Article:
3 Ways to Respond When Your Student Has Questions
Has your student ever questioned something that your family or church believes about the Bible? If so, it can be a daunting experience. You want to serve them well by sharing truth and steering them clear of false doctrine. You want them to trust you and you want them trust your church. When your student questions, it can become scary.
In that moment, there are three temptations:
- Take it personally – It’s not personal. Your student is most likely just asking a genuine question, something that is a normal part of growing and maturing.
- Feel like you must have the answers – You don’t have to know everything! In fact, your student isn’t expecting you to know everything. They are just asking.
- Doubt their faith – Sometimes, questions reveal a dark or bitter heart. Yet, if your student is asking, they most likely don’t have an ulterior motive. They’re just asking questions. In my experience, those who leave the faith were the ones who asked less questions.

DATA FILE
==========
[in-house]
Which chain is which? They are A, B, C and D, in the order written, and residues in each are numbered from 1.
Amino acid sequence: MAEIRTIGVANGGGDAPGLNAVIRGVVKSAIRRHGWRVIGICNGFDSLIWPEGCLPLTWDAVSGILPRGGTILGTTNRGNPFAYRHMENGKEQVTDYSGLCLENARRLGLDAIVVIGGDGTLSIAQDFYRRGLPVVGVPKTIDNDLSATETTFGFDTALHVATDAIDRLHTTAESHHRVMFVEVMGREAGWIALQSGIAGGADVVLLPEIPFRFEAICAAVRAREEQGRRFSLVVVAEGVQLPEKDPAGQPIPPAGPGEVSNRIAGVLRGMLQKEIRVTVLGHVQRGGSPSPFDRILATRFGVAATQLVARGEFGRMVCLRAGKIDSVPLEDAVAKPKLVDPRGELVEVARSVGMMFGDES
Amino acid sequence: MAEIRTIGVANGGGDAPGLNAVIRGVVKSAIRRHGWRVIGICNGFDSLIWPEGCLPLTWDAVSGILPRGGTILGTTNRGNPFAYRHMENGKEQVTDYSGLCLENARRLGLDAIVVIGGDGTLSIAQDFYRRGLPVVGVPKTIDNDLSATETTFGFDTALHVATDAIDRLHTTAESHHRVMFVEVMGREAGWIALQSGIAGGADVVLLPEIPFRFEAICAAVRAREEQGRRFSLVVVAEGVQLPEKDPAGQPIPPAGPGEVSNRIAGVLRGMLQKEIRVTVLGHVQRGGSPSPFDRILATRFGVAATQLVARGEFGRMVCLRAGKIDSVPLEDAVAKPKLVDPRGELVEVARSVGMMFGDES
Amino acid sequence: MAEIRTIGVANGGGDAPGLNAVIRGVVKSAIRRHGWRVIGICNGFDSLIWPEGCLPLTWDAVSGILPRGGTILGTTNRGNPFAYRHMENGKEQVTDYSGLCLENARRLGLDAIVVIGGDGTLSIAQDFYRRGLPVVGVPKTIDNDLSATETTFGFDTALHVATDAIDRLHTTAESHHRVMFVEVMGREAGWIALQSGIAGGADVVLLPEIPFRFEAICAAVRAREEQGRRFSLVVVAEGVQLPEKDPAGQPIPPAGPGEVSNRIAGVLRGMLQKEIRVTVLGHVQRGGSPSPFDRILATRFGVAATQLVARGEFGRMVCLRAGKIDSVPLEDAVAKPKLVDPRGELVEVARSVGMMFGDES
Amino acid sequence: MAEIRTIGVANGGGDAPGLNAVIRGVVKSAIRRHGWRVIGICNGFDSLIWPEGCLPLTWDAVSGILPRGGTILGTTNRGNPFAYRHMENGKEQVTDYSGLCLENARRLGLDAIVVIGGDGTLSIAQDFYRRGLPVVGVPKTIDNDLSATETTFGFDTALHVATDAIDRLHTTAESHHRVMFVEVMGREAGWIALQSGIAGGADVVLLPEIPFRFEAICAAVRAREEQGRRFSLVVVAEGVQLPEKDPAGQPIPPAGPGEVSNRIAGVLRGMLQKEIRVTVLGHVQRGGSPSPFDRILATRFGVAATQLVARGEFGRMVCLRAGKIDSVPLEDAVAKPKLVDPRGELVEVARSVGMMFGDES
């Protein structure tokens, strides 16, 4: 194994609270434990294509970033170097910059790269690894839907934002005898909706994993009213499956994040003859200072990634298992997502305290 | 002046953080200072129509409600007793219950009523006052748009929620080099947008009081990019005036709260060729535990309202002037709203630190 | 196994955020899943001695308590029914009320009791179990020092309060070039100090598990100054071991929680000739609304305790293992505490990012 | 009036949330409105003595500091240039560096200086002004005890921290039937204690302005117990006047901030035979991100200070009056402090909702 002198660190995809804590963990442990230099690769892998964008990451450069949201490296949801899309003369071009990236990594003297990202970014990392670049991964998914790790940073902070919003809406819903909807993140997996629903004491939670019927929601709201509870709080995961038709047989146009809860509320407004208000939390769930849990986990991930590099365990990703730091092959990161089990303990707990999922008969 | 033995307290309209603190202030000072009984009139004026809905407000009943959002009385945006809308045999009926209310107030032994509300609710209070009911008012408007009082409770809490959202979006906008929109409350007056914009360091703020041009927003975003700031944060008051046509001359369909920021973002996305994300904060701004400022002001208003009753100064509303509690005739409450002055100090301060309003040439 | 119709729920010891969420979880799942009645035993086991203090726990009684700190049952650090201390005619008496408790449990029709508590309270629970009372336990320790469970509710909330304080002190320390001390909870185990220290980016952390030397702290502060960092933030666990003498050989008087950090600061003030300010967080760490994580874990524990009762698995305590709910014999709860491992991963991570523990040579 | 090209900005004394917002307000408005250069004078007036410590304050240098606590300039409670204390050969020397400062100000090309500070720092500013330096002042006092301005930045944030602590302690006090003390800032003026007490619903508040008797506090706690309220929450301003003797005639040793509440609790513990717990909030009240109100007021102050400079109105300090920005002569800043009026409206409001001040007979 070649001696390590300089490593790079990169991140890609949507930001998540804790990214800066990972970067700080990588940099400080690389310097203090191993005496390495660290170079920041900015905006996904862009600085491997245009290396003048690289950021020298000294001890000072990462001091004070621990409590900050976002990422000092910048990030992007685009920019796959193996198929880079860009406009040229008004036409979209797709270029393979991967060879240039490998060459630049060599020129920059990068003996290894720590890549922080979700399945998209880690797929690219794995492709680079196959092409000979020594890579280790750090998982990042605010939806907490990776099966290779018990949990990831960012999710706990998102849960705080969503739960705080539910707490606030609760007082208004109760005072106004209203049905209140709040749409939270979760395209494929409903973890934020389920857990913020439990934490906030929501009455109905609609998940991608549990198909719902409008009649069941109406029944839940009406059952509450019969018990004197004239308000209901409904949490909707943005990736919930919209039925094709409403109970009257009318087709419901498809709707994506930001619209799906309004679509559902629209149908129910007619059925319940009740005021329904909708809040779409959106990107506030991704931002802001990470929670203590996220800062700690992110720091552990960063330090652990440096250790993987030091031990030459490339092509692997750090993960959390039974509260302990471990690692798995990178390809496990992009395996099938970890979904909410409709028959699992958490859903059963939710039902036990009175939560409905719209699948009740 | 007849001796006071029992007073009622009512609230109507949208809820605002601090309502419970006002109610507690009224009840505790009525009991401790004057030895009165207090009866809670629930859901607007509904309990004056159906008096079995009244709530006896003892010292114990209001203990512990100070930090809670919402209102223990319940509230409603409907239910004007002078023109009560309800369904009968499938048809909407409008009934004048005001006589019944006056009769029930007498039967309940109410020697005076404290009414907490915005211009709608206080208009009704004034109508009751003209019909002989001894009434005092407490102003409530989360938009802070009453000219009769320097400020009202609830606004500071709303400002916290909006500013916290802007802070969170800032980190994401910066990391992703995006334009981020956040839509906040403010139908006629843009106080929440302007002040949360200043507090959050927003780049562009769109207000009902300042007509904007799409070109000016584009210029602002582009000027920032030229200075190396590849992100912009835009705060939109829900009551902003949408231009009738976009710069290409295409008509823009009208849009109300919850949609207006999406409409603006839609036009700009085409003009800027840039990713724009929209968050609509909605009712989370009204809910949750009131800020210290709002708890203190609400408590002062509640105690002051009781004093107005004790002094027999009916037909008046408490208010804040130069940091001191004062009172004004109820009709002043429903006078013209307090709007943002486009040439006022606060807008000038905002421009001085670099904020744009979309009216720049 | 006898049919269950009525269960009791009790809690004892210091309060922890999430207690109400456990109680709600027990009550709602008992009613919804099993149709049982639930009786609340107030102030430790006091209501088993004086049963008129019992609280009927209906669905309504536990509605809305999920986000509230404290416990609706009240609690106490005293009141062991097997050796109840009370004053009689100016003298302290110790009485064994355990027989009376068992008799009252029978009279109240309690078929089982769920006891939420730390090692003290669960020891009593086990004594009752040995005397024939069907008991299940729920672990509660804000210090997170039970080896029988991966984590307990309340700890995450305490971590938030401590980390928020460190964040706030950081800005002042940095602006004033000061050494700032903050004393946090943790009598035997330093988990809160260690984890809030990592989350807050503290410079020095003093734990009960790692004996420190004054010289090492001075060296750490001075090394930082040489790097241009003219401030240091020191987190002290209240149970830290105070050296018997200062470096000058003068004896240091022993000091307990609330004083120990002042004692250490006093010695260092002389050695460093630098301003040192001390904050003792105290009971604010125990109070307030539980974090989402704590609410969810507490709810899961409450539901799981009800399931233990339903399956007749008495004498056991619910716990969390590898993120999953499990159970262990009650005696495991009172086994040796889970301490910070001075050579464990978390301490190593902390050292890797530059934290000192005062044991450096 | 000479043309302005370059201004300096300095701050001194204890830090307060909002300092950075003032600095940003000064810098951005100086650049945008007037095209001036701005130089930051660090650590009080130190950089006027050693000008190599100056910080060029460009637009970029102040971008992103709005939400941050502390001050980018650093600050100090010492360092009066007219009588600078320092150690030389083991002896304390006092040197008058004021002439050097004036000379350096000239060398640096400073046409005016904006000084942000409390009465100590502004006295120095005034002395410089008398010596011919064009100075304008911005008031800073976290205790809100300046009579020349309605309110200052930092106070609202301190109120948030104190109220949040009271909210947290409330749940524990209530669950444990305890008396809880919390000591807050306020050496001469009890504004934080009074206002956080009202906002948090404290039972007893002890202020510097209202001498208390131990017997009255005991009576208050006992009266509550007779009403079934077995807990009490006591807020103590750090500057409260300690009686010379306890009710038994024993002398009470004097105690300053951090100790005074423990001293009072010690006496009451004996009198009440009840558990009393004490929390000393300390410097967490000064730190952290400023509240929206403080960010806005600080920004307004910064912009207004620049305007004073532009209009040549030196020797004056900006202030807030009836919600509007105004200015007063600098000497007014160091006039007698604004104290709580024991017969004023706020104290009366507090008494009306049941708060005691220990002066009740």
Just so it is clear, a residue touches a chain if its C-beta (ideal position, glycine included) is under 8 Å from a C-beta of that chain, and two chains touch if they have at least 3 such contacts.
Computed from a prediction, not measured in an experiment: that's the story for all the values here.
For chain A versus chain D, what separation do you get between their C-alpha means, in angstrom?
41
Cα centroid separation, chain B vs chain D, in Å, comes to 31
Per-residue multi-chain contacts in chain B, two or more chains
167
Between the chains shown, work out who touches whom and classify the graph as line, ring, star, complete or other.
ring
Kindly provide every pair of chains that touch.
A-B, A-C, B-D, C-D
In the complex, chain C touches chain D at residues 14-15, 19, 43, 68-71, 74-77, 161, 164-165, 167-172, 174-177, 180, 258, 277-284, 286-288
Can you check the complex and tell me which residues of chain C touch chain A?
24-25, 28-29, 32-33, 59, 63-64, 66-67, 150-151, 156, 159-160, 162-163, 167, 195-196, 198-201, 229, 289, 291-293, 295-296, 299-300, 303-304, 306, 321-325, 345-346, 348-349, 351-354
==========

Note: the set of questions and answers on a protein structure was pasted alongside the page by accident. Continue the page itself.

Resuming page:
But what do we do? What should you as a parent do when your child comes home with very hard or even troubling questions?
1. Become a student with your child
When your student asks questions, view it as an opportunity. It’s a chance for you to show your student that you are primarily not a parent, employee, or husband/wife; you are first and foremost a disciple of Jesus. This is opportunity to show your eagerness to submit to God as a student of his Word, and to do so alongside your child.
2. Welcome doubts
No, I’m not saying you should be okay with your student believing heresy. Rather, you can show your student that doubts and confusion about the Bible is not the breaking of their faith, or yours. If we teach students that everything is black and white, then they will believe that minor doctrines are essential for them to be a Christian. This is an opportunity for you to teach them theological triage. Help them understand which beliefs are essential, which are convictions, and which are preferences. Students would be so helped by this.
3. Reach out to pastors and Christians you trust
At College Park, part of our job is to help parents and students understand the Bible. I love meeting with parents to help them navigate the challenging but exciting role as the main discipler of their student. So, if your answer to your student’s question is “I don’t know,” reach out to a pastor or staff member at your church. The body of Christ is called to walk alongside each other. Let others live that out by supporting you as you support your student. We’re in this together for the glory of God and the good of our students’ faith.